Crick, C.R. (2011) The chemistry and CVD of hydrophobic surfaces. Doctoral thesis, UCL (University College London).
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This thesis details the use of chemical vapour deposition (CVD) to deposit hydrophobic surfaces, in addition to this, the functional properties are investigated and further characterisation of the surfaces extreme water repulsion (superhydrophobicity) is made. The design and manufacture of surfaces that repel water (hydrophobic) draws much inspiration from the natural world, including examples of superhydrophobic leaves. The way water can interact with a surface is characterised, with many examples of superhydrophobic surface generation provided from the literature, along with general routes toward their formation. The main aspects of CVD depositions are addressed and examples of hydrophobic surfaces using this technique are cited. The novel deposition of thermosetting and thermosoftening polymers has been investigated, with the role of the CVD deposition mechanism emphasised. The deposition of the polymer occurs via the preformation of polymer particles, which is not typical in CVD, these were then deposited onto the substrate. The result was an easy-to-produce and robust superhydrophobic thin film, constructed from an inherently hydrophobic material. The same principle is then expanded to silica microparticles, films of the particles were deposited on to a substrate with hydrophilic surfaces originally deposited. The silica films were subsequently rendered exceptionally superhydrophobic by a simple post-treatment. The formation of copper films is then reported, using copper nitrate precursors a relatively flat metallic copper film was formed. The films were then roughened by reaction to form copper hydroxide nano-crystals, this hydrophilic surface is again functionalised to render it superhydrophobic. All films deposited were characterised using energy dispersive X-ray analysis, glancing angle X-ray diffraction, UV/Vis spectroscopy, infra-red/Raman spectroscopy and scanning electron and atomic force microscopy were used to study surface morphology, with the hydrophobicities of each surface quantified. The superhydrophobic elastomer films underwent microbiological testing in order to examine the adhesion of bacteria. A substantial reduction in the ability of bacteria to attach to the superhydrophobic surfaces was observed and rationalised through a reduction in available contact between the media of the bacteria (water) and the surface material. The dynamic interaction between water and surfaces was examined through water bouncing. The dependence of water bouncing on surface hydrophobicity and microstructure was studied, in addition to the effect of water droplet volume and impact velocity. A new definition and scale for superhydrophobicity is proposed, through the ability of water droplets to bounce on a surface. Finally the insight gained from previous work carried out is used in developing a device for separating mixtures of oil and water, through the use of superhydrophobic meshes.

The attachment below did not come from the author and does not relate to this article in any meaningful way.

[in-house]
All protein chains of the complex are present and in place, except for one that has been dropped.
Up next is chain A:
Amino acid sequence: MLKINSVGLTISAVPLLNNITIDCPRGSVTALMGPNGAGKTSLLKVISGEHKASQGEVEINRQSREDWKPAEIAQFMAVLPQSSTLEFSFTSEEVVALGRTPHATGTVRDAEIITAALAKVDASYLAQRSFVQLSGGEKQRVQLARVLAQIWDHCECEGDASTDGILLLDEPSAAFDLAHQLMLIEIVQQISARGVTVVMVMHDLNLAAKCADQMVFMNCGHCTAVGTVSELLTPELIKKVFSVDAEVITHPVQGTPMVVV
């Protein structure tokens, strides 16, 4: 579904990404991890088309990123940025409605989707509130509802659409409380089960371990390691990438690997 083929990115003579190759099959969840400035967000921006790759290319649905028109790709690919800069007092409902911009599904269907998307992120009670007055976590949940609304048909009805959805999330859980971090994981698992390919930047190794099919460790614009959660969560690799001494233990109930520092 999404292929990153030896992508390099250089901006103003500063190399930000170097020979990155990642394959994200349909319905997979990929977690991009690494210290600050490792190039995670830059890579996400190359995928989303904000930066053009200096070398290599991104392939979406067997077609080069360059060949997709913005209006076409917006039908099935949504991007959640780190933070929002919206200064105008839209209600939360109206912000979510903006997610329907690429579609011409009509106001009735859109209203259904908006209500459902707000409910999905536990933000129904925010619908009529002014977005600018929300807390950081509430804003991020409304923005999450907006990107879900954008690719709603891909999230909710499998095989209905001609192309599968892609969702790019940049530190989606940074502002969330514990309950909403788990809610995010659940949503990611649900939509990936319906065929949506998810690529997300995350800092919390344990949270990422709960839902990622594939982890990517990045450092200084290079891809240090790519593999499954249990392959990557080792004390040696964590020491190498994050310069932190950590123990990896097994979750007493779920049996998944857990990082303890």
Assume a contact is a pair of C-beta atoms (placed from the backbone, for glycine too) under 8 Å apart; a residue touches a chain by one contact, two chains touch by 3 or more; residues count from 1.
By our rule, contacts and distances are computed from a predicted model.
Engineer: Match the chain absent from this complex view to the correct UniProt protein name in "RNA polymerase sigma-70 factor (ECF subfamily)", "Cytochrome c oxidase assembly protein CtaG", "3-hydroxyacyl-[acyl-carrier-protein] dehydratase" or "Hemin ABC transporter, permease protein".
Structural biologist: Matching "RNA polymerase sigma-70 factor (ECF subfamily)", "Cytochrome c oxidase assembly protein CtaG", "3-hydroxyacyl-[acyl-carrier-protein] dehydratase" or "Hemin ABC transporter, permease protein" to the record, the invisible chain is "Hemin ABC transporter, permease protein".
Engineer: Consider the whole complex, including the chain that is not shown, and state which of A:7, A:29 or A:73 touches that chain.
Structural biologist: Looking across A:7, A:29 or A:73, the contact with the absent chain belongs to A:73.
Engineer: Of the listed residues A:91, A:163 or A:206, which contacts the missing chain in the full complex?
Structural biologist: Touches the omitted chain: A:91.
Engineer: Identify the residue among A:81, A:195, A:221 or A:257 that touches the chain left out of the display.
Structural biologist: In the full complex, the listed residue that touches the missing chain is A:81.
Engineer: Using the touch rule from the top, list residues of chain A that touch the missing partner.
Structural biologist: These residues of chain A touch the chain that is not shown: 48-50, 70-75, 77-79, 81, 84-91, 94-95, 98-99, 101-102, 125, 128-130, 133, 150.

|Title:||The chemistry and CVD of hydrophobic surfaces|
|Open access status:||An open access version is available from UCL Discovery|
|UCL classification:||UCL > School of BEAMS > Faculty of Maths and Physical Sciences > Chemistry|
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